Expressive arts and design involves the children exploring and playing with a wide range of media and materials as well as providing opportunities to share their thoughts, ideas and feelings through a variety of activities in art, music, movement, dance, role play and design and technology.

Each area of learning and development is implemented through planned, purposeful play and through a mix of adult led, adult initiated and child initiated activities.

Play is essential for children’s development, building their confidence as they learn to explore, to think about problems, and relate to others. Children learn by leading their own play and by taking part in play which is guided by adults.

  • Adult directed activities involve the teacher working directly with the children to teach a skill and concept. From this planned
  • Adult initiated activities are provided whereby the children have access to resources and are given suggestions on how to use them to further develop their learning. Finally there are
  • Child initiated activities where children access self selected resources to extend their own learning interests.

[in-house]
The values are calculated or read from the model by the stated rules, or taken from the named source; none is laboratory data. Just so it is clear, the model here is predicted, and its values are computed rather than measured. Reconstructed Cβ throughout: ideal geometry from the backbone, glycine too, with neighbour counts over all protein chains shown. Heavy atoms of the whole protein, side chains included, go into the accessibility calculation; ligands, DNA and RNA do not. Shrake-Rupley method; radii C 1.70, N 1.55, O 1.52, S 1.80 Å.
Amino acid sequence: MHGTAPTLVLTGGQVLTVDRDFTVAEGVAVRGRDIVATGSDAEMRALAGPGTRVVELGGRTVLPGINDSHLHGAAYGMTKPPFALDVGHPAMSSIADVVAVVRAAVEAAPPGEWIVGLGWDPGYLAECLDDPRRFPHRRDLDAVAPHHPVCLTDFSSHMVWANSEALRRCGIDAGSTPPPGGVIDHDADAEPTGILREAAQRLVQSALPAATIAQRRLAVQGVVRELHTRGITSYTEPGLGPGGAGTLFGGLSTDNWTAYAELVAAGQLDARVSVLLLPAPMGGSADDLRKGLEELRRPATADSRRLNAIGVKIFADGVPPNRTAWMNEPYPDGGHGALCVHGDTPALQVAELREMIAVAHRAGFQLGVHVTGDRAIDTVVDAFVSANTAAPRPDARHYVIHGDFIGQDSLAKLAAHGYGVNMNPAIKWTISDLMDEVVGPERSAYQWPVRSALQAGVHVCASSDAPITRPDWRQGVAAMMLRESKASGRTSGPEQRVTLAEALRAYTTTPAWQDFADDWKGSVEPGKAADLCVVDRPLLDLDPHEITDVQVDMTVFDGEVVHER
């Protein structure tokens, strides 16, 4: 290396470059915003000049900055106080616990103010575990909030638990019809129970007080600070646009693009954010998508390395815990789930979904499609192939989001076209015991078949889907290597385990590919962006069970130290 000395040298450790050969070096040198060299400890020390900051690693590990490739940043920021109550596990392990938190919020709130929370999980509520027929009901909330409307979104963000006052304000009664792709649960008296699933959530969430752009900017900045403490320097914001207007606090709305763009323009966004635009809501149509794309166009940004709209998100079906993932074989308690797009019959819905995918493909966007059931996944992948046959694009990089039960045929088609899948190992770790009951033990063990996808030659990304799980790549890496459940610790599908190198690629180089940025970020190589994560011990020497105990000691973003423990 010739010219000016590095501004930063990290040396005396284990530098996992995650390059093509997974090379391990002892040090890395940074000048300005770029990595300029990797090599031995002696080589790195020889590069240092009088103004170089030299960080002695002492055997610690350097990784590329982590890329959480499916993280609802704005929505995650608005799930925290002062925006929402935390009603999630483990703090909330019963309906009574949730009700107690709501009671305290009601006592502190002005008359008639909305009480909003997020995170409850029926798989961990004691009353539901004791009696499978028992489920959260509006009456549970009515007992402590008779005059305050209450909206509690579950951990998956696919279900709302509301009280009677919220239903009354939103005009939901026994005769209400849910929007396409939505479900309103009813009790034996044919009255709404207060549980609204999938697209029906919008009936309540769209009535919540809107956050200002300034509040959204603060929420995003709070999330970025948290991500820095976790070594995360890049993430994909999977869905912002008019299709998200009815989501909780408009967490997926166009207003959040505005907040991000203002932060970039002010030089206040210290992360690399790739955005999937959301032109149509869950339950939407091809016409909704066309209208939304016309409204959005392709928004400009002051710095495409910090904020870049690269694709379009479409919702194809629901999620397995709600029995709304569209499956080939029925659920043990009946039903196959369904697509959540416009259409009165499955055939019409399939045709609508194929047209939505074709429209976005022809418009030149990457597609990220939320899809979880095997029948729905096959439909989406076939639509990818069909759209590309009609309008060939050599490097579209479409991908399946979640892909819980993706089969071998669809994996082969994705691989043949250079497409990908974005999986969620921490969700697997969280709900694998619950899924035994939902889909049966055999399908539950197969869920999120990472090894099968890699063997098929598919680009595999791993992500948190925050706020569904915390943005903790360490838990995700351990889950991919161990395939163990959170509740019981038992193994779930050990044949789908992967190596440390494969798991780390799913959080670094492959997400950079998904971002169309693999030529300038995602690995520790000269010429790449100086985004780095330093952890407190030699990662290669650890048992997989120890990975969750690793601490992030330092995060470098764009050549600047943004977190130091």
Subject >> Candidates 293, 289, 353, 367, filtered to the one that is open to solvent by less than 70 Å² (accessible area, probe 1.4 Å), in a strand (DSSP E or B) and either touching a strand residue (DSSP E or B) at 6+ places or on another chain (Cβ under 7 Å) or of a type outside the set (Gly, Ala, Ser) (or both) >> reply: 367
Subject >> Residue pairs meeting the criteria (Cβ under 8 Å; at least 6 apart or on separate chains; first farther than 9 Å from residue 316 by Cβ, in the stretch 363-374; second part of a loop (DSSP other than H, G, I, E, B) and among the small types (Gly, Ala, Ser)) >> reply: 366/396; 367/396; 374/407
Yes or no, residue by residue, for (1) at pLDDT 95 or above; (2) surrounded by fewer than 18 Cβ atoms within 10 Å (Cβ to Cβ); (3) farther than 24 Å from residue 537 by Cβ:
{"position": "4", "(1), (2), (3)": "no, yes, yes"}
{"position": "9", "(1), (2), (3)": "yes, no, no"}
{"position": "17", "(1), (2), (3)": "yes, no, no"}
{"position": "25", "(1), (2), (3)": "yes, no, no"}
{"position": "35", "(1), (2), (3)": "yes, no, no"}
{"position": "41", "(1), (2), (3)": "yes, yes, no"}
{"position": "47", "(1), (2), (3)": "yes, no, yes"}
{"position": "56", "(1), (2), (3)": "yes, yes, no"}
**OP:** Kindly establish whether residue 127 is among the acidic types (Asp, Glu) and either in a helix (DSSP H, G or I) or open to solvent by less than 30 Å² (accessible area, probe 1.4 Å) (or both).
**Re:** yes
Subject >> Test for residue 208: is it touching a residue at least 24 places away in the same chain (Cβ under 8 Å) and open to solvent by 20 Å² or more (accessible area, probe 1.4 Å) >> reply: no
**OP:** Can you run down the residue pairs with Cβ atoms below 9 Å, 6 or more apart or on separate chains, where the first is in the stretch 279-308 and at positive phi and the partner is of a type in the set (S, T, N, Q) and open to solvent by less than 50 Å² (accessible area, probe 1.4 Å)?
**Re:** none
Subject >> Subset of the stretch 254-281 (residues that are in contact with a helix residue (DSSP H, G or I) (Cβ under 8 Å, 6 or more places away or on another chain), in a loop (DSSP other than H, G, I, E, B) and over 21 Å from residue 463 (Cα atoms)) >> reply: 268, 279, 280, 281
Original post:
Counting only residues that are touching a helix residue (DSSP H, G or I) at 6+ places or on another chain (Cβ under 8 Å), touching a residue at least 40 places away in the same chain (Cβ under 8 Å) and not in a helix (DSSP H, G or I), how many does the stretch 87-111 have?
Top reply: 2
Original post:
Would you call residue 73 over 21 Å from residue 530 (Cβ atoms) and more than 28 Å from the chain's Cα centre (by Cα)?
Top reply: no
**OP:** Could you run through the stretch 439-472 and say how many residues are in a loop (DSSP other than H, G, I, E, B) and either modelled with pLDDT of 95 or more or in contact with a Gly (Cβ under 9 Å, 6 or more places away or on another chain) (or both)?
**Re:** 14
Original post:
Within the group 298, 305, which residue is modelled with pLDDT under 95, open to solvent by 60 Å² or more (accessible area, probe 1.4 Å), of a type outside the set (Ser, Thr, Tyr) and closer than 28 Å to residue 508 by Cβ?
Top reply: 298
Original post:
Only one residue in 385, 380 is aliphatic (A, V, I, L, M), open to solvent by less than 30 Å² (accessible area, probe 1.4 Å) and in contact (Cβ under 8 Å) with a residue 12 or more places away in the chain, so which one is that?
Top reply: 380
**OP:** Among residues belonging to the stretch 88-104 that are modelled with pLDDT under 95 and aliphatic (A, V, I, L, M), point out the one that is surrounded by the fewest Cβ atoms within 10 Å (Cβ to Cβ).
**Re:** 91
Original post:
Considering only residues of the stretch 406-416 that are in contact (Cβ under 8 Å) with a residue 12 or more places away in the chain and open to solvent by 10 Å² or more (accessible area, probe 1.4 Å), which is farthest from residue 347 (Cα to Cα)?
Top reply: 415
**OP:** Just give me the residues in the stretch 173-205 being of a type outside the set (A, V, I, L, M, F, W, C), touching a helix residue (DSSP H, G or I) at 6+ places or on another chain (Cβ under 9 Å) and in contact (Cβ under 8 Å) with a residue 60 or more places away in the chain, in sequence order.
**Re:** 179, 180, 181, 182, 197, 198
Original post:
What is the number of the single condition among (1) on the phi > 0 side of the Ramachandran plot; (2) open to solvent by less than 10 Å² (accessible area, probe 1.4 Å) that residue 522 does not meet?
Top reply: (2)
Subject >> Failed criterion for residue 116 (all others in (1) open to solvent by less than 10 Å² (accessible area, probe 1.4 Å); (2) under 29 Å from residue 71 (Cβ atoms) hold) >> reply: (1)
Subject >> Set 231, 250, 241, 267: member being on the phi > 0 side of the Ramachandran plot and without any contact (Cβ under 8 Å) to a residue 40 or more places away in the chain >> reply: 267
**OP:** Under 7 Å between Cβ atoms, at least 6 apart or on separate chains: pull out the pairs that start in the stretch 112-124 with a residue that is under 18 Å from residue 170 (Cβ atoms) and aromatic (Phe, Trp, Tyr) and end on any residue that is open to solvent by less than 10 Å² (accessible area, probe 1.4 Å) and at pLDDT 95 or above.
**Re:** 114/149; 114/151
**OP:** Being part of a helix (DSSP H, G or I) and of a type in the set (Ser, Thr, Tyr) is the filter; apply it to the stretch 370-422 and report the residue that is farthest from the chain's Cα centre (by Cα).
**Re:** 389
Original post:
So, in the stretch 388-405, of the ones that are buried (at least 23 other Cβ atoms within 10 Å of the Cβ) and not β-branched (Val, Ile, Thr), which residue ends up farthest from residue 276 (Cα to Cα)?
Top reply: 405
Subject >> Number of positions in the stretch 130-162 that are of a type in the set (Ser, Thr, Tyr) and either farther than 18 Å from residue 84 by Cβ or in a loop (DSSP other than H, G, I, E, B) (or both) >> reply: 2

Through all these activities the role of the adult is paramount to ensure learning is taken on through targeted questioning.

Assessment at the end of the EYFS

The children’s level of development in the seven areas is assessed against the EARLY LEARNING GOALS. In each of these goals the children are assessed as meeting expected levels of development, exceeding expected levels or not yet meeting expected levels (emerging).

The Early Learning Goals

In Personal, Social and Emotional development children are encouraged to play cooperatively, taking turns and sharing. They develop positive relationships with adults and other children showing sensitivity to other people’s needs and feelings. Children are encouraged to develop independence and confidence.

In Communication and Language children develop their speaking and listening skills, communicating effectively with others.

In Physical Development children move confidently with good control and have an understanding of the importance of good health and physical exercise. They are able to talk about different ways to keep healthy and safe.